Saturday, January 31, 2009

cautionary tale

in "juno" the heroine refers to herself as a cautionary whale. which hit home with me because mine is a cautionary tale and since my name is yonah i always identify with whales.

i am 53 unmarried and live without extravagance. if various causes had not pulled me to zion i would be in new york teaching public school right now.

i am a writer. i have written, but not published. my primary accomplishment is a book called "bar mitzvah prophecy" about a 13 year old kid whose older brother is an off the derech nik, but an off the derech nik with a messiah complex and his arrival complicates his younger brother's bar mitzvah.

during the course of the year, i fast on yom kippur. this is mostly to avoid feeling cut off. i have eaten on some yom kippurs and the post yom kippur depression is worse after having eaten. so to make the day after yom kippur tolerable i don't eat on yom kippur. of course in the last hour of the fast i might try to take advantage of the light headedness that goes with fasting and pray to god or take a walk or listen to music.

i attend a seder. one year i skipped the seder all together and one year i skipped the first night seder and only went to a second night seder, but missing the seder is a major deprivation.

my favorite holiday is sukkot. i don't really like the lulav and esrog, but eating in a sukka the first night of sukkot is something special for me and i try not to miss it.

the first night of rosh hashana when the apple is dipped into the honey is special and missing it is a deprivation.

i really dig purim, because i like getting "intoxicated" and some of the ideas of the purim holiday really inspire me, so i go to the purim seuda as a rule and miss it when i don't.

i have one brother and three sisters, who are all orthodox. my older brother became ultra orthodox though we were raised in a modern orthodox home and all my sisters are modern orthodox. my brother has 11 kids and a gaggle of grandkids, without an evil eye. and my 3 sisters have 12 kids between them. i try to avoid my brother's family for the most part, but hang out a lot with my sisters and their kids. i do not attempt to teach my nephews and nieces that off the derech is the way, although not all my comments are reverential. when i visit them for shabbat i usually avoid going to shul. but at the table i am careful to bensch after we eat. there are many starving people in the world and there were many starving jews not so many years ago, and i therefore think that bensching is a good thing. i do not bensch when i eat alone.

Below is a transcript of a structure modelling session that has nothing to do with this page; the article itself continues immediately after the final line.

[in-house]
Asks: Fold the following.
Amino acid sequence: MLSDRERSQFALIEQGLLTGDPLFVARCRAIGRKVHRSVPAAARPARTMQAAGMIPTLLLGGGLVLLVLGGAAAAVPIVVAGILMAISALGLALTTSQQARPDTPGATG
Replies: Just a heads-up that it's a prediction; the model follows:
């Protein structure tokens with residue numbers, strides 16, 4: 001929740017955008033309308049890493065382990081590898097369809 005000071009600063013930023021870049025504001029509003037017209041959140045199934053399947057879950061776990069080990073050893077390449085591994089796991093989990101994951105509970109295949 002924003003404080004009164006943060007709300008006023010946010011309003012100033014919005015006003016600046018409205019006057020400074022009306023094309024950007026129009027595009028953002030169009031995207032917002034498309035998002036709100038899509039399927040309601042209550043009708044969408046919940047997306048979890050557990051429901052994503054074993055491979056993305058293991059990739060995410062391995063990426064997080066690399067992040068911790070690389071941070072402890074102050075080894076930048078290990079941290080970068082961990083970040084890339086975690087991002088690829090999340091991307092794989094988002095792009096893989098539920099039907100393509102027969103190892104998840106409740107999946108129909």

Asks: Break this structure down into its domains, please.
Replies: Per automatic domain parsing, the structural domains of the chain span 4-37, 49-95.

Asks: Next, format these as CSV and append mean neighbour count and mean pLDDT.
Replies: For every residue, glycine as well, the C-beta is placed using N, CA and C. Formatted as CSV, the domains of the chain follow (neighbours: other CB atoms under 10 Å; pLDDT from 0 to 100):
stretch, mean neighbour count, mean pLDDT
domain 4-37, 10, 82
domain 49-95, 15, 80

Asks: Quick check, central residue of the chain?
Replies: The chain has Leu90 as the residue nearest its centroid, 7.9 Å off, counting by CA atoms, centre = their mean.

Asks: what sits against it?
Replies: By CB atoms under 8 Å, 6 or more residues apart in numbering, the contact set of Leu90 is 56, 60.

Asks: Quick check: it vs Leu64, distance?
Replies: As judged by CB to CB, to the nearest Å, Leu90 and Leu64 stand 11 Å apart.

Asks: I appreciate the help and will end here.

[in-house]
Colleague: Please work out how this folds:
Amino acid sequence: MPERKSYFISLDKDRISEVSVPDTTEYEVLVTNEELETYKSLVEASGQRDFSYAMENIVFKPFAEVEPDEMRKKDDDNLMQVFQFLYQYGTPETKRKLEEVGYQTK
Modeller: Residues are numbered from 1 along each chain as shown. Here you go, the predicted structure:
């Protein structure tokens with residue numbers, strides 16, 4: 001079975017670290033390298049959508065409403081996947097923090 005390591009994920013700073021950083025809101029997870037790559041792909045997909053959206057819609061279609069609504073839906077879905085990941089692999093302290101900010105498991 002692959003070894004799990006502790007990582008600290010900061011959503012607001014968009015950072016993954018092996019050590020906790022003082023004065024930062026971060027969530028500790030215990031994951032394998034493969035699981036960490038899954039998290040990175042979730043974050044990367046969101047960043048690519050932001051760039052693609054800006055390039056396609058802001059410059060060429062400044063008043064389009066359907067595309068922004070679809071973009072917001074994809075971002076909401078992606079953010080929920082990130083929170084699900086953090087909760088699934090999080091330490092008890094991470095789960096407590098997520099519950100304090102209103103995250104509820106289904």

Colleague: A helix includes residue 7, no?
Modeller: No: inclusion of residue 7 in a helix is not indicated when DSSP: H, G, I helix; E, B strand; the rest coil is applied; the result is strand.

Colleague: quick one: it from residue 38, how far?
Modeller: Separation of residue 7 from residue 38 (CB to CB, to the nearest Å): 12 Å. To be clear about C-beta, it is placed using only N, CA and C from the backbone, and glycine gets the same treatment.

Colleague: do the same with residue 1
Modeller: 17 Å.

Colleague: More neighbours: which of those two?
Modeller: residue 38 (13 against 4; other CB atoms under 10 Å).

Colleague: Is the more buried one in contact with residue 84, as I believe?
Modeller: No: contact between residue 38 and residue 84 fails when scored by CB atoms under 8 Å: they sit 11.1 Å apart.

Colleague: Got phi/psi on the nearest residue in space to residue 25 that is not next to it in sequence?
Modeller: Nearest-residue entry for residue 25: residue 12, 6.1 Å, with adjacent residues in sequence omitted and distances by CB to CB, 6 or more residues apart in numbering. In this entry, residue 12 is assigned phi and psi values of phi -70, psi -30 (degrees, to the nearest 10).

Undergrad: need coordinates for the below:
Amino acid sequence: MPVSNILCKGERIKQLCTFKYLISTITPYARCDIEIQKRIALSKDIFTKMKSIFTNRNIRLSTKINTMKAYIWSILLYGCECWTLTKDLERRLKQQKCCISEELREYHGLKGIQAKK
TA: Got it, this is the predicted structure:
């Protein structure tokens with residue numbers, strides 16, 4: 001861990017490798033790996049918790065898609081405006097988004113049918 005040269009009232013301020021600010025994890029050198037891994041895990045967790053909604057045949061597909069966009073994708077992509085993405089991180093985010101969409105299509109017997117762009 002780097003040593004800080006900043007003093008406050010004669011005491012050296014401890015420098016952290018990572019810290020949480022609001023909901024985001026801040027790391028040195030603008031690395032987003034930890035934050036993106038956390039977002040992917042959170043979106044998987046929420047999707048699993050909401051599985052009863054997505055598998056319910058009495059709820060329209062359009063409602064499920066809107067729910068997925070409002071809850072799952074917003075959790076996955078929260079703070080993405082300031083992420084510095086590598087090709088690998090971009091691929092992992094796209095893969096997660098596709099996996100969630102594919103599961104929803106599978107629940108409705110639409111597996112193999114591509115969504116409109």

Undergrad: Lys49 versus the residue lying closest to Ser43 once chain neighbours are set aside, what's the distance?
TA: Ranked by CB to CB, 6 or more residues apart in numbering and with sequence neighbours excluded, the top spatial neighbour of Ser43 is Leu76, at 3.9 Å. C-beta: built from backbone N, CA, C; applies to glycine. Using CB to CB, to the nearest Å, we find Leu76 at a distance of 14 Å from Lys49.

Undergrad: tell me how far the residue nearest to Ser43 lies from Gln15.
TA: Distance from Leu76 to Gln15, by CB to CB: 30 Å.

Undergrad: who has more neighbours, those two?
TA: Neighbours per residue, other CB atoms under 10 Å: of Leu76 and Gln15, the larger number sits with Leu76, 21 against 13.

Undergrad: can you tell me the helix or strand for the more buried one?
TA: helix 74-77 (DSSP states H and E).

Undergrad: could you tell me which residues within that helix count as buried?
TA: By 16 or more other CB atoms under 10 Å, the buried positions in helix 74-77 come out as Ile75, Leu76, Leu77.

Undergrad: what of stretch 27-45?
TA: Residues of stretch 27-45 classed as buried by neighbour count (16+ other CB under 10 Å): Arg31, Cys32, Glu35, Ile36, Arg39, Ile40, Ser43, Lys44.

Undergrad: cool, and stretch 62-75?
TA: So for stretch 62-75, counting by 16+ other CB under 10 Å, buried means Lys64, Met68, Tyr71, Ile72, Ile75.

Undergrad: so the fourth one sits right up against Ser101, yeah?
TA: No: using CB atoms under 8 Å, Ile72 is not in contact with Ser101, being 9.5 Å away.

Tuesday, January 27, 2009

can't live with it. can't live without it.

this is the meaning of the title of the blog.

off the derech

bumped up against the "left frumkeit" bloggers and figured i'd add my ten agurot. (two cents)

in all generations there are people who have left, different generations have different dynamics. no two snow flakes are the same.

my own proximity to the holocaust (not known as such until i was in my teens in the seventies) might give a different twist to my beliefs and disbeliefs.

the t.v. shows i saw as a kid: my favorite martian and the fugitive, might provide me with a different language than one you are comfortable with.

i was born a cohen and "fell in love" with a woman forbidden for a cohen and if not for that circumstance my reaction to my modern orthodox torah upbringing would have been different.

i stayed with torah (continued to wear a yarmulka 99% or more of the time.) until i was 23. i lained the parsha often enough that the words still skip off my tongue 30 years later. i had spent enough time in yeshiva to achieve a facility with talmudic texts and to learn that a certain soul thirst could be quenched with a "successful" shabbat.

israel, zionism and the holocaust played major roles in my jewish outlook.

when i read the atheism of young people i am skeptical. y'know those two dimensional pictures that appear three dimensional if you look at them right. well that's what god is like to me. part optical illusion, part reality, all perception.

we are all scientists and artists to different degrees. the scientist within me (minority) sees the value of insisting on evidence and denying the unseen. the artist(s) within me (majority) sees the value of enriching myself, by allowing my dreaming, creative self to assert the added dimension of insisting that carbon, hydrogen and oxygen do not suffice to create life, but a teaspoon of "magic" is needed as well.

the holocaust is a valley of death, not even a shadow, but an eclipse. i cannot deny the survivor his denial of god's existence. i cannot deny the survivor his assertion of god's existence. but when i go down into that valley i leave depressed and so i try to avoid it.

israel. i idealize the diversity of new york city's union square. a (realist) person would acknowledge the history that yielded and yields that diversity. the campaign of europeans against the indigenous. the slavery and after effects. the wealth of america vis a vis the rest of the world. the border control (porous, but still a factor). so the peaceful diversity has an element of illusion to it. nonetheless it is impressive and a logical goal.

israel's lesser diversity falls short. given the muslim reality, the goal of diversity is subject to (infinite) a lengthy delay. my less than realistic dreams or policies supported by a few dissenters rather than the conventional wisdom, regarding israel, will wait til later, or be discussed elsewhere.

the children killed in this gaza campaign is deeply troubling. the holding of gilad shalit by hamas is deeply troubling. my own emotions are so overwhelming that policy statements are washed away in their flood.